17th August 2009
"Strategy requires thought, tactics require observation" ~ Max Euwe
Another new venue and a chance to reflect over the past year of experimenting with the cabeceo and I think I've finally made some progress.
My original premise was that the man and the woman start seated. The man makes eye contact, usually across the room, he gets up, goes over to her, she gets up, they embrace.
My feeling at the moment is that this either does not work in London, or that it's extremely difficult to get it to work.
What I've realised is that for a cabeceo to work whether I'm cabeceo-ing a lady or she's cabeceo-ing me, the person initiating the cabeceo needs to be standing and within about ten feet.
I think it works off the natural social reaction that when a standing / walking person approaches within about ten feet they shift from being "background" to "cursory check" level. We are aware of them, and we run through a set of quick-check routines, such as:
- Do I know them and should I say "Hi"?
- Are they an official person and are they interested in me for some reason?
- Are they drunk and I want to be somewhere else right now?
Whether you're in a shopping mall, pub, church or dance hall, this loosely applies. You're very unlikely in those situations to be paying attention to whether someone is looking at you from 40 feet away. And as a group of us recently discovered, the natural reaction to this is actually to turn away defensively rather than make eye contact.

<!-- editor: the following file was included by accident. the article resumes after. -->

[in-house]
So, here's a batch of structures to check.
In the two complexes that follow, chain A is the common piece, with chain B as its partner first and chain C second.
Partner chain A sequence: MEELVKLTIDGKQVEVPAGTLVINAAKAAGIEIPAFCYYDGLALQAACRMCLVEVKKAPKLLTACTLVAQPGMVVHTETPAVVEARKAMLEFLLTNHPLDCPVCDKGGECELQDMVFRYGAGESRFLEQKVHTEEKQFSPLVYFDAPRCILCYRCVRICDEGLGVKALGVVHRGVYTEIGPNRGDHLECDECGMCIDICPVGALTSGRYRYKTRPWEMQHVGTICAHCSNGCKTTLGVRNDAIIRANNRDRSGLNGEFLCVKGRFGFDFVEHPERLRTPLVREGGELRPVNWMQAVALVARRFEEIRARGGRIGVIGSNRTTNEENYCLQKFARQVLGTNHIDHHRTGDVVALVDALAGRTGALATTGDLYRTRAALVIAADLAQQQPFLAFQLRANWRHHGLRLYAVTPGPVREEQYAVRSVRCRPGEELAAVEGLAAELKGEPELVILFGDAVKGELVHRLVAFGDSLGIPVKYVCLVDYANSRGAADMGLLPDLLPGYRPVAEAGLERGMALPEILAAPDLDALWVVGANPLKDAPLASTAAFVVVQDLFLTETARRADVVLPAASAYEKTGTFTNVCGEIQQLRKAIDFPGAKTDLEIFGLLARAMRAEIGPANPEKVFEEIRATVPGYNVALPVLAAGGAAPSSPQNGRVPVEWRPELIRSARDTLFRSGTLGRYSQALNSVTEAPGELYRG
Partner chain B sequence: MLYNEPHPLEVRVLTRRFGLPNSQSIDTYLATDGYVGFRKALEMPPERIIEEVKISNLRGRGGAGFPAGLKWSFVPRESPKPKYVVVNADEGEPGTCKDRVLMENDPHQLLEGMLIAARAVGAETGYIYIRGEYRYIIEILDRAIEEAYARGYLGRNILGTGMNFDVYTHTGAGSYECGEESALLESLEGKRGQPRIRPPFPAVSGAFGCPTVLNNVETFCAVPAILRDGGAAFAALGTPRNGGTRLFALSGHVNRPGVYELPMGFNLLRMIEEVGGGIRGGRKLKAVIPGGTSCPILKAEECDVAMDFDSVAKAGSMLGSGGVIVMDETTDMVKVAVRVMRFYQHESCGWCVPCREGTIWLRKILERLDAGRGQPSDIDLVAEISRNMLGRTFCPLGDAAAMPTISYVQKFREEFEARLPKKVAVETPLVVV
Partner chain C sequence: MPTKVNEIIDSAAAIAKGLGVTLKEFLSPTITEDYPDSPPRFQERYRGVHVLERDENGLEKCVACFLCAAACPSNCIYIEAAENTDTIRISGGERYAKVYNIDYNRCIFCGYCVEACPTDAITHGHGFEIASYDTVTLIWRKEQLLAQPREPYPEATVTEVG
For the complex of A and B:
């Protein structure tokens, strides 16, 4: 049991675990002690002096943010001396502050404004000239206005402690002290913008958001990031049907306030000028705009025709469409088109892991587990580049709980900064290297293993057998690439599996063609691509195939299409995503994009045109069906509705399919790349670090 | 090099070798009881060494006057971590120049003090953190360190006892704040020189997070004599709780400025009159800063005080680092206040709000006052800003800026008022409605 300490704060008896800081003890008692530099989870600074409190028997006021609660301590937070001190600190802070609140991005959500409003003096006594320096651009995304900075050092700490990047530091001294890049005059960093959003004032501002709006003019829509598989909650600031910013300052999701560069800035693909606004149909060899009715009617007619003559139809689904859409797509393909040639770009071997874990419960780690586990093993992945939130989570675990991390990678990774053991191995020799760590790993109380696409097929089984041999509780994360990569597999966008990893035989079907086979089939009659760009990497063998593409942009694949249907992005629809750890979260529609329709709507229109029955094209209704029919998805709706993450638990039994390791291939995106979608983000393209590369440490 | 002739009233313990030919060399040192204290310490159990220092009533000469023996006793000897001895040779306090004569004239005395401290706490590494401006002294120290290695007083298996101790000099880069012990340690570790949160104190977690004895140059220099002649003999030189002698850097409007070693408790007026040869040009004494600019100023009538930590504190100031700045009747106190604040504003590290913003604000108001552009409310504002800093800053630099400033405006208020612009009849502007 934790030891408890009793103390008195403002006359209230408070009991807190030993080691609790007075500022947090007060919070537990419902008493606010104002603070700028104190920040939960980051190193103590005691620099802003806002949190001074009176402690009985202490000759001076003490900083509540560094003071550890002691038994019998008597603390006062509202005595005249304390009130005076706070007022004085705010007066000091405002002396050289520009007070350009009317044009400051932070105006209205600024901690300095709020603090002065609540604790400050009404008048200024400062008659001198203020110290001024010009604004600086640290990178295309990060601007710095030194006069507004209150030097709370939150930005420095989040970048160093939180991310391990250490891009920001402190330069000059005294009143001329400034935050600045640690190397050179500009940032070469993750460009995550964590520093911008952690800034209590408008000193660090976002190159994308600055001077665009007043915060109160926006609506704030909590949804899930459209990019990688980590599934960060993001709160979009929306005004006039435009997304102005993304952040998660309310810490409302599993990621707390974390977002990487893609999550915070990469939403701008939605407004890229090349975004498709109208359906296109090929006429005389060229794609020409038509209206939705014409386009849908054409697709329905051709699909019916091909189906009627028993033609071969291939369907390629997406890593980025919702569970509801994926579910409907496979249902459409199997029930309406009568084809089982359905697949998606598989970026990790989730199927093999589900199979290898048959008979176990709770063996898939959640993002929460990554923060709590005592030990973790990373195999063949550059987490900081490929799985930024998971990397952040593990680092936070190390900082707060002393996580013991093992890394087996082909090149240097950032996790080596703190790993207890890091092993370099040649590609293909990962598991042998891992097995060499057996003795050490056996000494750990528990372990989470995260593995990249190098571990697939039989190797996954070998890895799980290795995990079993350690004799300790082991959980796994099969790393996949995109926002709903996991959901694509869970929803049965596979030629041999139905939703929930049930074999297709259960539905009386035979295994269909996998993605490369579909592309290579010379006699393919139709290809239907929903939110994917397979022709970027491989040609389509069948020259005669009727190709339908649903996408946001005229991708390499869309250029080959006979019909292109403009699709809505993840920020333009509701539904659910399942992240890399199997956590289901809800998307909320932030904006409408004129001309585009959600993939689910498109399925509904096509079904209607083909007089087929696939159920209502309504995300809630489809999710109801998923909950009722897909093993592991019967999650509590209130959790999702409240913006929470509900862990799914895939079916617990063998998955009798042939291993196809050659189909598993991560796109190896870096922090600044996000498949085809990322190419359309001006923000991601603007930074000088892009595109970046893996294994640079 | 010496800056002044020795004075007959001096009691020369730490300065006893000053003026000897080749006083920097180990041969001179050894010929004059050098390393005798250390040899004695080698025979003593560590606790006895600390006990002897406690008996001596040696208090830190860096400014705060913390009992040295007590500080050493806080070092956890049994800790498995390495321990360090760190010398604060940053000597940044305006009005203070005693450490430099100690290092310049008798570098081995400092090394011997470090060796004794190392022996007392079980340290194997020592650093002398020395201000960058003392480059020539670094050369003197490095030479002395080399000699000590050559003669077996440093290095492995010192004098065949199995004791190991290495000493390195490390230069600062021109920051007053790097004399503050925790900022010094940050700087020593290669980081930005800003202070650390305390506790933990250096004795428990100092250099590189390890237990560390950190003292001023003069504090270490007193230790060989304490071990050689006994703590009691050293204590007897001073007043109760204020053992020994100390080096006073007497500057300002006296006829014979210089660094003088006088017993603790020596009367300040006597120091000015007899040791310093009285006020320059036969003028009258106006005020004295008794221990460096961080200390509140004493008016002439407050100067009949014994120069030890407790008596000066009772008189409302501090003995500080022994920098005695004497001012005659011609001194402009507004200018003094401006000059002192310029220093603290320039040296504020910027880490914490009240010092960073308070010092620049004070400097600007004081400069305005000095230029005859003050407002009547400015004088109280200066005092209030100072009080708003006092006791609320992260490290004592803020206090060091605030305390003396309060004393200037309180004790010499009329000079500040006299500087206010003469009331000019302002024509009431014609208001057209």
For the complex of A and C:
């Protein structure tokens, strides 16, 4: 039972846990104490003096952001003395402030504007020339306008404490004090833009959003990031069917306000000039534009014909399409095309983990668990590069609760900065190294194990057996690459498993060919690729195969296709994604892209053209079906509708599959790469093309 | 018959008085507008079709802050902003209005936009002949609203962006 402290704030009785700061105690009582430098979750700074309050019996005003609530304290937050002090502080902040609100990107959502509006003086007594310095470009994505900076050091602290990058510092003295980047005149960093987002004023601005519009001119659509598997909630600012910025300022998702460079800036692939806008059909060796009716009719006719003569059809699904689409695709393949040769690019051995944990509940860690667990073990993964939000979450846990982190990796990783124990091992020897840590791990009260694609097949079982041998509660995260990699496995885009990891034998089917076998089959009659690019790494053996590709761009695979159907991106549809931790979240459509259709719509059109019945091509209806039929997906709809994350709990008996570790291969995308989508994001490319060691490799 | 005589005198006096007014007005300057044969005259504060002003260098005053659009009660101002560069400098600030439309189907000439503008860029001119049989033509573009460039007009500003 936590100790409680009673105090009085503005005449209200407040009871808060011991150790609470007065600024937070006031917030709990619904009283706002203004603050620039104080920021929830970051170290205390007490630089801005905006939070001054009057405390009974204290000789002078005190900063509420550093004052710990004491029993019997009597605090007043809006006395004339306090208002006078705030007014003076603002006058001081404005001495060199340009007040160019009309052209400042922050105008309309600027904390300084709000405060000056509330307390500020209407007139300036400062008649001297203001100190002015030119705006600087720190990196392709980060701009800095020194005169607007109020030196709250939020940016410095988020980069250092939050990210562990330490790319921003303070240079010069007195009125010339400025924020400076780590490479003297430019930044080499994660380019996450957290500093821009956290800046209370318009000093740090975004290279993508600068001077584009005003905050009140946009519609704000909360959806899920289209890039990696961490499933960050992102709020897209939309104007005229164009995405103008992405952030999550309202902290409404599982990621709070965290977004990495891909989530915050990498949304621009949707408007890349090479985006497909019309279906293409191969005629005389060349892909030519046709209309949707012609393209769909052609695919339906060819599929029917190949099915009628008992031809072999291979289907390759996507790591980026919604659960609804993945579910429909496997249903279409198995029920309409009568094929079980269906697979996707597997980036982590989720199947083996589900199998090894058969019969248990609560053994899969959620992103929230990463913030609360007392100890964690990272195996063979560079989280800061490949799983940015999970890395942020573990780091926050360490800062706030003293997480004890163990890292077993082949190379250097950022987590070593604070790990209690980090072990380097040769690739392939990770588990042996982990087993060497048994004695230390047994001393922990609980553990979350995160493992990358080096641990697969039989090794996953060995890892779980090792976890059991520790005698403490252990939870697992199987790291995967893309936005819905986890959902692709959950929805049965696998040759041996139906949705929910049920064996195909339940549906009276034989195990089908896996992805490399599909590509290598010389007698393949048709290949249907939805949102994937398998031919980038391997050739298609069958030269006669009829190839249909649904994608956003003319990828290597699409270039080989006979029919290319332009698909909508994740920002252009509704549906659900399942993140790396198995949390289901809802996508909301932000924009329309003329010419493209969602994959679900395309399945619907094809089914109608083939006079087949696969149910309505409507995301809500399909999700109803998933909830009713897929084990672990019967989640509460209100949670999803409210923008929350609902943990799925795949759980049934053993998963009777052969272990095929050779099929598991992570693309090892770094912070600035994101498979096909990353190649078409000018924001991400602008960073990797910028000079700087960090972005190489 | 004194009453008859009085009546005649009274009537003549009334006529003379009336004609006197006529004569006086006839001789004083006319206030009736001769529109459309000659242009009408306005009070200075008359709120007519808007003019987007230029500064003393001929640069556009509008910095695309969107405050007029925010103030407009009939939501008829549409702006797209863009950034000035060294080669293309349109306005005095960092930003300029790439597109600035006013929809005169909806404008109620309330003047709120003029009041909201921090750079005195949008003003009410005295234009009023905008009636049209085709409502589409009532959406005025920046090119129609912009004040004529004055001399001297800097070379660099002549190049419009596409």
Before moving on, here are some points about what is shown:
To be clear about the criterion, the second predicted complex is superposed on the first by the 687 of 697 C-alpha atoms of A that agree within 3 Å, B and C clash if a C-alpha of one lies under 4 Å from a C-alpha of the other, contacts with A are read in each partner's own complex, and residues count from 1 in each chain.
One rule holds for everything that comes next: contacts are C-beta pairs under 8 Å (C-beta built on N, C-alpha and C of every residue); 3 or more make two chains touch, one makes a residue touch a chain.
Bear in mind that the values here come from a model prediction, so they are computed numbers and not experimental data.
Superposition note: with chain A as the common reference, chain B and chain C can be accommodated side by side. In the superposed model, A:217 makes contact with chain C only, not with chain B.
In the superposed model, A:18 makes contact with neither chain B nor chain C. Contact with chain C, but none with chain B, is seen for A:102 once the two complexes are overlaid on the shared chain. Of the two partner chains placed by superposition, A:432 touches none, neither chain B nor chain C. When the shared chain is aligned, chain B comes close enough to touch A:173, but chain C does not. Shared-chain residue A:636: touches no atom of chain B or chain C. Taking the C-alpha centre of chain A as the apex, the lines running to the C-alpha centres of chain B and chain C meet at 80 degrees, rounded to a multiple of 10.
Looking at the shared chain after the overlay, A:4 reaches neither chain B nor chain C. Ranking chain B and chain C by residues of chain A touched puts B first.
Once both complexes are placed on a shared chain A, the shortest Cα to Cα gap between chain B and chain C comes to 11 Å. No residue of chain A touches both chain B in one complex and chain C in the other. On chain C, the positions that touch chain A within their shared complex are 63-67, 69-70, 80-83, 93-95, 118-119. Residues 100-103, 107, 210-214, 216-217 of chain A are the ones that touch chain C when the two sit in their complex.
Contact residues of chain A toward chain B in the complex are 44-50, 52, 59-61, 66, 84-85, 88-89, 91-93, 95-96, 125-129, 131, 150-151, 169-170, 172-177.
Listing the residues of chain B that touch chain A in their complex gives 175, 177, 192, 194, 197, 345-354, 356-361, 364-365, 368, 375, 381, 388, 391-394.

So quite simply if you're a guy and you want to get a dance - Stand Up!
Then start walking to where you're within 10 feet of who you want to dance with.
But not too fast. You want enough time for either her to accept the cabeceo or for her to basically ignore you and let you continue to walk past her as if you had no interest in her either.
If you walk too fast, it's easy for both of you to get confused about the signals.
Also consider your approach position. You need to be in her field of vision when you get to about ten feet. If you come in from her blindside and she's only aware of you at say 3 feet, the process is too fast and again it gets messy and confusing.
The absolute best line of approach is when you've finished a dance, leaving the dance floor, and strafing the surrounding chairs from 10 feet out. Most of the people sitting down will be either facing or strongly aware of the dance floor.
Or, once you've decided who you want to ask, work out where you need to be at 10 feet to be in her field of vision. Then work out the easiest walk that will carry you to into that space. Or if you just want to dance, strafe the chairs surrounding the dance floor (but be aware of the dancers). Just look like you're going to get a drink or see a friend or something. No-one really cares.
Lastly don't rush it.
You're (hopefully) going to spend the next 10-15 minutes dancing with this person. Take the time to get the beginning right. If it doesn't work cleanly, let it go, you've probably spared yourself a rubbish dance. Try again later and hopefully get the tanda you wanted then.
- Christopher O'Shea, 17th August 2009